Pruritus is an important factor negatively influencing the well-being of psoriatic patients

Acta Derm Venereol. 2010 May;90(3):257-63. doi: 10.2340/00015555-0851.


The aim of this study was to evaluate the relationship between itch and the well-being of patients with psoriasis. In a study of 102 patients with plaque-type psoriasis, pruritus was found in 91 (89.2%) patients during exacerbation of psoriasis. No significant correlation was found between disease severity and the presence and intensity of pruritus. However, pruritus intensity correlated significantly with patients' quality of life, feelings of stigmatization, stress experienced within a period of one month before psoriasis outbreak, and depressive symptoms. In conclusion, pruritus may have a significant negative influence on the psychosocial status of patients with psoriasis. There is a need for the development of effective anti-pruritic treatments in order to improve the well-being of patients with psoriasis.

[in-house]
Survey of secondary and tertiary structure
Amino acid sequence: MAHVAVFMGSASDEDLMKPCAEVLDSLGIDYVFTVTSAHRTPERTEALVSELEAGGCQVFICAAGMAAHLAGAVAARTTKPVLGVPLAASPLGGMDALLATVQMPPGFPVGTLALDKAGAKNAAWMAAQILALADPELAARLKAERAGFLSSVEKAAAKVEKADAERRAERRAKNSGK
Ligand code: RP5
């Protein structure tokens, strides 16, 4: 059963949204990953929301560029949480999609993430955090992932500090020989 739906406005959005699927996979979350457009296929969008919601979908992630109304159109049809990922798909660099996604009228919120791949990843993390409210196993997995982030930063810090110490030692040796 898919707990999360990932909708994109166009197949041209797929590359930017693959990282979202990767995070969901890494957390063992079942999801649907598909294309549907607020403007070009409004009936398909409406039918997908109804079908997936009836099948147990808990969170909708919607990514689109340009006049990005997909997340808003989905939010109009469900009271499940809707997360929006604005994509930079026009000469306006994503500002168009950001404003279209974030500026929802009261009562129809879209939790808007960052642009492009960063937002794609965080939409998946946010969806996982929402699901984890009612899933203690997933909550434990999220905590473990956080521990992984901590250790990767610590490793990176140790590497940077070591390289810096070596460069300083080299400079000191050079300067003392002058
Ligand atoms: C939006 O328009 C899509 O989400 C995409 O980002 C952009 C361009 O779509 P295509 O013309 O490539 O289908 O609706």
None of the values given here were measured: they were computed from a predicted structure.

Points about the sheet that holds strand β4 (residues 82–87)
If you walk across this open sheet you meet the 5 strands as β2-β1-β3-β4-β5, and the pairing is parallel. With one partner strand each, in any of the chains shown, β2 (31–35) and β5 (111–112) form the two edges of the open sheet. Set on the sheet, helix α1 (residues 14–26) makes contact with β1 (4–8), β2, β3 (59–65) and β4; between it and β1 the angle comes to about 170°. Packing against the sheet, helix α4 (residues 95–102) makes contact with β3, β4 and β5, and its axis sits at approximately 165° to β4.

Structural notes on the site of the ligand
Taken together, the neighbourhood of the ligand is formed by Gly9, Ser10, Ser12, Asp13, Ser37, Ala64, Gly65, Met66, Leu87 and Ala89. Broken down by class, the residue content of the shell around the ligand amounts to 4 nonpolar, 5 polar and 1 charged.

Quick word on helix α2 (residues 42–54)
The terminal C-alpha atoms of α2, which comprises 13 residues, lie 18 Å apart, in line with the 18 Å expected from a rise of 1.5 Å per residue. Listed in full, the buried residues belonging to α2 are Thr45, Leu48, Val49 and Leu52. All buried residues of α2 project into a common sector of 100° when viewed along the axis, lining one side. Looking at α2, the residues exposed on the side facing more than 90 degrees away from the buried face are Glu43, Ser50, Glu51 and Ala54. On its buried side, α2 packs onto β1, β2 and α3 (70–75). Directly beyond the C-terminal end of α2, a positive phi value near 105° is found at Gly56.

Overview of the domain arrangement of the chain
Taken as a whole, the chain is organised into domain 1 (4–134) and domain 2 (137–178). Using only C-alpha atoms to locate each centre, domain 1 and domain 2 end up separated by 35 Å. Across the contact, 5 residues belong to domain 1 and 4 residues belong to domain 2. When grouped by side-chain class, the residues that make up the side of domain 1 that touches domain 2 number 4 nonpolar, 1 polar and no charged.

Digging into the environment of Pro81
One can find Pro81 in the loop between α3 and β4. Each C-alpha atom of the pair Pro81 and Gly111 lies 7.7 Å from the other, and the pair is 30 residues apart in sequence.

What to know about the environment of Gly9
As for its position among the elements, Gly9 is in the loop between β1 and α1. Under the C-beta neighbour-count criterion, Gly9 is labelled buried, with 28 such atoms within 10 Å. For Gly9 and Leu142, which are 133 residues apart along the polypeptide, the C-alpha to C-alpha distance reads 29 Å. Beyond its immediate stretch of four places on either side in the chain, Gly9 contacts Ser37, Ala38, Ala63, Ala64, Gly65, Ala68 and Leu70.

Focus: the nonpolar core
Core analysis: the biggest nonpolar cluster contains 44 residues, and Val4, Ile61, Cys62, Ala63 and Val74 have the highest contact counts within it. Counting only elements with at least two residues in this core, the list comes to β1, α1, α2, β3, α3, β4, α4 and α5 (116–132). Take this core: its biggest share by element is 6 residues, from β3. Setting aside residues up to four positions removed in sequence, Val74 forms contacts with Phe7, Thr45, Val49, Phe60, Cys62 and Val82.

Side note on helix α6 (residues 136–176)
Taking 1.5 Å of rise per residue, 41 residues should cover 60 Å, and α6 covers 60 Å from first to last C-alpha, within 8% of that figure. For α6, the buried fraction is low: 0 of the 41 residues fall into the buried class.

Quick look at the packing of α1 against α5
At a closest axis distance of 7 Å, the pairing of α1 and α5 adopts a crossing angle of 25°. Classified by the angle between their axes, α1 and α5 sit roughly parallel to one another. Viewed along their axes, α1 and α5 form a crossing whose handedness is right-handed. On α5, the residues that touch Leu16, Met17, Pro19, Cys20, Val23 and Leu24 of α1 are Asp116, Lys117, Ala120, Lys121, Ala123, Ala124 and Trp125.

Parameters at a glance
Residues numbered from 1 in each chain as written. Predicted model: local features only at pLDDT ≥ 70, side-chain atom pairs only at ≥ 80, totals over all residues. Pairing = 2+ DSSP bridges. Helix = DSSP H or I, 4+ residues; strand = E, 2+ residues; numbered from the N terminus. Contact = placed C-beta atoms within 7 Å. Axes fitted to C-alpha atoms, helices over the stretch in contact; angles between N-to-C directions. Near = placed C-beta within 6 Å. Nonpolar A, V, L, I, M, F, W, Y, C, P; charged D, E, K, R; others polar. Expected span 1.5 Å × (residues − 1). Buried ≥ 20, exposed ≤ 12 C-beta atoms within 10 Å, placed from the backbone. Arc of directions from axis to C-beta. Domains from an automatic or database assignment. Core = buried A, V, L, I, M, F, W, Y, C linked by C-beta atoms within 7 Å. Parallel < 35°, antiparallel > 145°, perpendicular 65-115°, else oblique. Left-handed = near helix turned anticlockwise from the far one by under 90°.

Publication types

  • Research Support, Non-U.S. Gov't

MeSH terms

  • Adolescent
  • Adult
  • Aged
  • Aged, 80 and over
  • Antipruritics / therapeutic use
  • Chronic Disease
  • Cross-Sectional Studies
  • Depression / etiology
  • Female
  • Humans
  • Male
  • Mental Health*
  • Middle Aged
  • Poland
  • Pruritus / drug therapy
  • Pruritus / etiology
  • Pruritus / psychology*
  • Psoriasis / complications
  • Psoriasis / drug therapy
  • Psoriasis / psychology*
  • Psychiatric Status Rating Scales
  • Quality of Life
  • Severity of Illness Index
  • Stereotyping
  • Stress, Psychological / etiology
  • Surveys and Questionnaires
  • Time Factors
  • Young Adult


  • Antipruritics